US Senator Patrick Leahy (L) met with Vietnamese defense minister Phung Quang Thanh during his Vietnam visit from April 16-20. Photo courtesy of the US Embassy in Vietnam
Decontaminating the Danang Airport will bury the consequences of the past and pave a road toward a good future between the US and Vietnam, Vietnam's Deputy Minister of Defense Nguyen Chi Vinh said Saturday.
Vinh was speaking as a team of US scientists began the process of using heat to remove the toxic defoliant, dioxin, from the contaminated soil of the former US airbase.
The US Agency for International Development (USAID) says that about 45,000 of the airport's 73,000 cubic meters (2.58 million cubic feet) of soil have been excavated for thermal treatment at 335 degrees Celsius (570 degrees Fahrenheit).
The US$84-million project, funded by USAID, is expected to finish in late 2016.
US Senator Patrick Leahy, who attended the ceremony at Da Nang Airport during his Vietnam visit from April 16-20, said the US has been working to eliminate the danger dioxin poses to the people of Danang.
“After so many years, the United States did not ignore this problem. We returned and we are taking care of it… our two countries can work together to address a problem that for more than three decades was an obstacle to better relations,” he said.
Leahy said the US government also has a goal of improving services for “people with disabilities, regardless of the cause, including which those may have been caused by Agent Orange.
“This project is impressive in size and technological complexity, but even more important is what it says about our ability to work together to address the legacy of a war that caused so much suffering for both countries.”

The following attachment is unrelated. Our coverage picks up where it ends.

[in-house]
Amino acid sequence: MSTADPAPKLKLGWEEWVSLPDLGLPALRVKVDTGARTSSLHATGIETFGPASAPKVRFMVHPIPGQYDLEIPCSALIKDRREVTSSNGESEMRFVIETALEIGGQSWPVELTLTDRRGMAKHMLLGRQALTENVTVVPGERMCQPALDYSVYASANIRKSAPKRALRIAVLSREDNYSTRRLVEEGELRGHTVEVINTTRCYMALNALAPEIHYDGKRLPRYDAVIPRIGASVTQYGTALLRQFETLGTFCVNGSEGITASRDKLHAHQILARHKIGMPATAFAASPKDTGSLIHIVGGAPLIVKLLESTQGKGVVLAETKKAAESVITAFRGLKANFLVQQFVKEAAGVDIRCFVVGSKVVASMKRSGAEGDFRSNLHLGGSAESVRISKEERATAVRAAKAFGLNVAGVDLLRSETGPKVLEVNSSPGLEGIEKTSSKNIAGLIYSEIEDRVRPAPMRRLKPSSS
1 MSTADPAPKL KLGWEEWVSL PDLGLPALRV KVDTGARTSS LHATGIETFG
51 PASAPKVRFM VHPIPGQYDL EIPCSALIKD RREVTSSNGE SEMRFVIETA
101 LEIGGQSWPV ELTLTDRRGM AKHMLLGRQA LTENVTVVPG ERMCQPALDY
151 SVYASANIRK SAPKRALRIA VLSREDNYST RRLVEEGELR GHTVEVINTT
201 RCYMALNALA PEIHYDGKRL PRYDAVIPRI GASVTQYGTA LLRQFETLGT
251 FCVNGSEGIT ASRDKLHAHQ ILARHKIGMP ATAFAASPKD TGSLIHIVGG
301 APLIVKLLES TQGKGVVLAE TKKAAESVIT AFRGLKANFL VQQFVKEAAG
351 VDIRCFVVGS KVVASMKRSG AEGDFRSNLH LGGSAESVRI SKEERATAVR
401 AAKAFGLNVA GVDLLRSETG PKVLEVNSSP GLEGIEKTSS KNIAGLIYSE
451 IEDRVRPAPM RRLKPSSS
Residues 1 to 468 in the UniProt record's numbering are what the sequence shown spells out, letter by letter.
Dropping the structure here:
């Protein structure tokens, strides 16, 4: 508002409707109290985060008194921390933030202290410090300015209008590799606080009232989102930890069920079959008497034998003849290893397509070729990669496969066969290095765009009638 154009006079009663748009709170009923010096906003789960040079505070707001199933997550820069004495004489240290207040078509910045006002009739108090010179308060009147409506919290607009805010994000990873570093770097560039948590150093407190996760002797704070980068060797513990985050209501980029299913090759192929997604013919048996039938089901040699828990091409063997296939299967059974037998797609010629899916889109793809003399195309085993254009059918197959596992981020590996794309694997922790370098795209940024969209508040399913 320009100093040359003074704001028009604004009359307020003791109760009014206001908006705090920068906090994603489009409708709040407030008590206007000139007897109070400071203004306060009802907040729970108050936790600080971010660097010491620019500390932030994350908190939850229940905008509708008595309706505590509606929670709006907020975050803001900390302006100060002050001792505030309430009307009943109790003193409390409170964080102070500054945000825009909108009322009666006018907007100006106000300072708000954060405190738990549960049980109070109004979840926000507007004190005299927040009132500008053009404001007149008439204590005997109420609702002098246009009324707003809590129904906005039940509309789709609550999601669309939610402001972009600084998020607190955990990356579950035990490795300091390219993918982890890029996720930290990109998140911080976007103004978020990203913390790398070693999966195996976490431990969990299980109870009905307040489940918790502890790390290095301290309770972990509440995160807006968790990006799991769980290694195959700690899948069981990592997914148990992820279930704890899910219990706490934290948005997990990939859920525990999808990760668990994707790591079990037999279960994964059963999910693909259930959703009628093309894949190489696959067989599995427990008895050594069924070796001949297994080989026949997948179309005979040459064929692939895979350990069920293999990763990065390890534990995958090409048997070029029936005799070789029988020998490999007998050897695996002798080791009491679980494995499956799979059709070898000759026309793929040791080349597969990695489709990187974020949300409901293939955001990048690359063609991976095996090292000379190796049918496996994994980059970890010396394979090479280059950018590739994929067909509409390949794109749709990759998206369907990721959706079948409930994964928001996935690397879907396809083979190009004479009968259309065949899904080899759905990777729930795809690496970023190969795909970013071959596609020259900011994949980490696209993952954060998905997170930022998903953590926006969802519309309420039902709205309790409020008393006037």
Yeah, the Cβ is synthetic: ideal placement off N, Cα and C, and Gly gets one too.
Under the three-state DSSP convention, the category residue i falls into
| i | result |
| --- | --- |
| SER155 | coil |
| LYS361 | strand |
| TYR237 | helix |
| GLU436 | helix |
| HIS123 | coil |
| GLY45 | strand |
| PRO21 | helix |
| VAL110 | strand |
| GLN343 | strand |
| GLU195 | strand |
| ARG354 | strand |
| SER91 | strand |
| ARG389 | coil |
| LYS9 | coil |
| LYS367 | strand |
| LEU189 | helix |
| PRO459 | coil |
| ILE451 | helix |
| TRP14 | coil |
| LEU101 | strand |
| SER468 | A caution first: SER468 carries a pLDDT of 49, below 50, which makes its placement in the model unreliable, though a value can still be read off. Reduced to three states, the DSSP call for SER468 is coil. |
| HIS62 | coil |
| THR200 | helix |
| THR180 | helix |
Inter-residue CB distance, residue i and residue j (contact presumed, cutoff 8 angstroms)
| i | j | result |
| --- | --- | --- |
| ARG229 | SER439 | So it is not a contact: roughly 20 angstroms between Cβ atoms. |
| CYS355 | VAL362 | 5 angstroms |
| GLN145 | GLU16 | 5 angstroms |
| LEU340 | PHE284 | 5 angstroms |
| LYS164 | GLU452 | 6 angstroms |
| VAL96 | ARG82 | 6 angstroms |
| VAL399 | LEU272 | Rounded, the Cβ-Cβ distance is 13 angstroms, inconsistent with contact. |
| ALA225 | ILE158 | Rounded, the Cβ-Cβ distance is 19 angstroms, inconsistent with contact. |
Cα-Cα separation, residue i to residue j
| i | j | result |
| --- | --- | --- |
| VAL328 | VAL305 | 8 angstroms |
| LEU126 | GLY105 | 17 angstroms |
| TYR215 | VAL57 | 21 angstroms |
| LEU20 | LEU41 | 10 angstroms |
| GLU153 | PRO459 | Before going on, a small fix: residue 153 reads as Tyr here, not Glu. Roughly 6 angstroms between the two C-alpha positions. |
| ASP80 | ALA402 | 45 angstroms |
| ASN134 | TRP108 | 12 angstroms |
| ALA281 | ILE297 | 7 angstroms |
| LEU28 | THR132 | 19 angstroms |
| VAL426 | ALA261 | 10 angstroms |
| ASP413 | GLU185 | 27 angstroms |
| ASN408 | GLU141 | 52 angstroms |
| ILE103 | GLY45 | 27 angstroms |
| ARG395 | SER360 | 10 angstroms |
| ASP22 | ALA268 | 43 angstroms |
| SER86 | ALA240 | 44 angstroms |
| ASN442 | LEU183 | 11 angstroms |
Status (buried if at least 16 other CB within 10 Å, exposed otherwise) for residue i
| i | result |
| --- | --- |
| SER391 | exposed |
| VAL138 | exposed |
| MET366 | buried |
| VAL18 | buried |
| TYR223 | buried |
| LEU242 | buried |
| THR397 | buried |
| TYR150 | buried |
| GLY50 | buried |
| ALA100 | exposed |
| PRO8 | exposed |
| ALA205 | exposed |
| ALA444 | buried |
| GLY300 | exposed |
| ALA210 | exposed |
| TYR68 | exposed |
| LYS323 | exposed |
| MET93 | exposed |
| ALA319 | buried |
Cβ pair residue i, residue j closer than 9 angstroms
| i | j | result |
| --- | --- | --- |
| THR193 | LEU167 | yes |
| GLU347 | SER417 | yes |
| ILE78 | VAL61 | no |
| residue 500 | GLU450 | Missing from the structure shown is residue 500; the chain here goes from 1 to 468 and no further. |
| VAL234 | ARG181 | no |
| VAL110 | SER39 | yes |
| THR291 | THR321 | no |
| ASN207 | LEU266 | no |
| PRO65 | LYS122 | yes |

Leahy led a US Congressional delegation to visit Vietnam and discuss war legacy issues, trade relations and regional security matters.
Leahy first visited Vietnam in 1996 to address the needs of victims of land mines and unexploded ordnance (UXO) that continue to kill and injure civilians.
Between 1961 and 1971, the US Army sprayed some 80 million liters of Agent Orange containing 366 kilograms of the highly toxic dioxin over 30,000 square miles of southern Vietnam.
US troops used the toxic defoliant to deny Vietnamese forces ground cover and food. The substance has persisted in the soil and sediment of lakes and rivers for generations. Independent researchers have found that it can enter the food supply through the fat of fish and other animals.
Alarmingly high levels of dioxin have been discovered in breast milk samples collected in Vietnam's afflicted areas.
Between 2.1 to 4.8 million Vietnamese citizens were directly exposed to Agent Orange and other chemicals that have been linked to cancers, birth defects and other chronic diseases during the Vietnam War, which ended in April 1975, according to the Vietnam Red Cross.
Like us on Facebook and scroll down to share your comment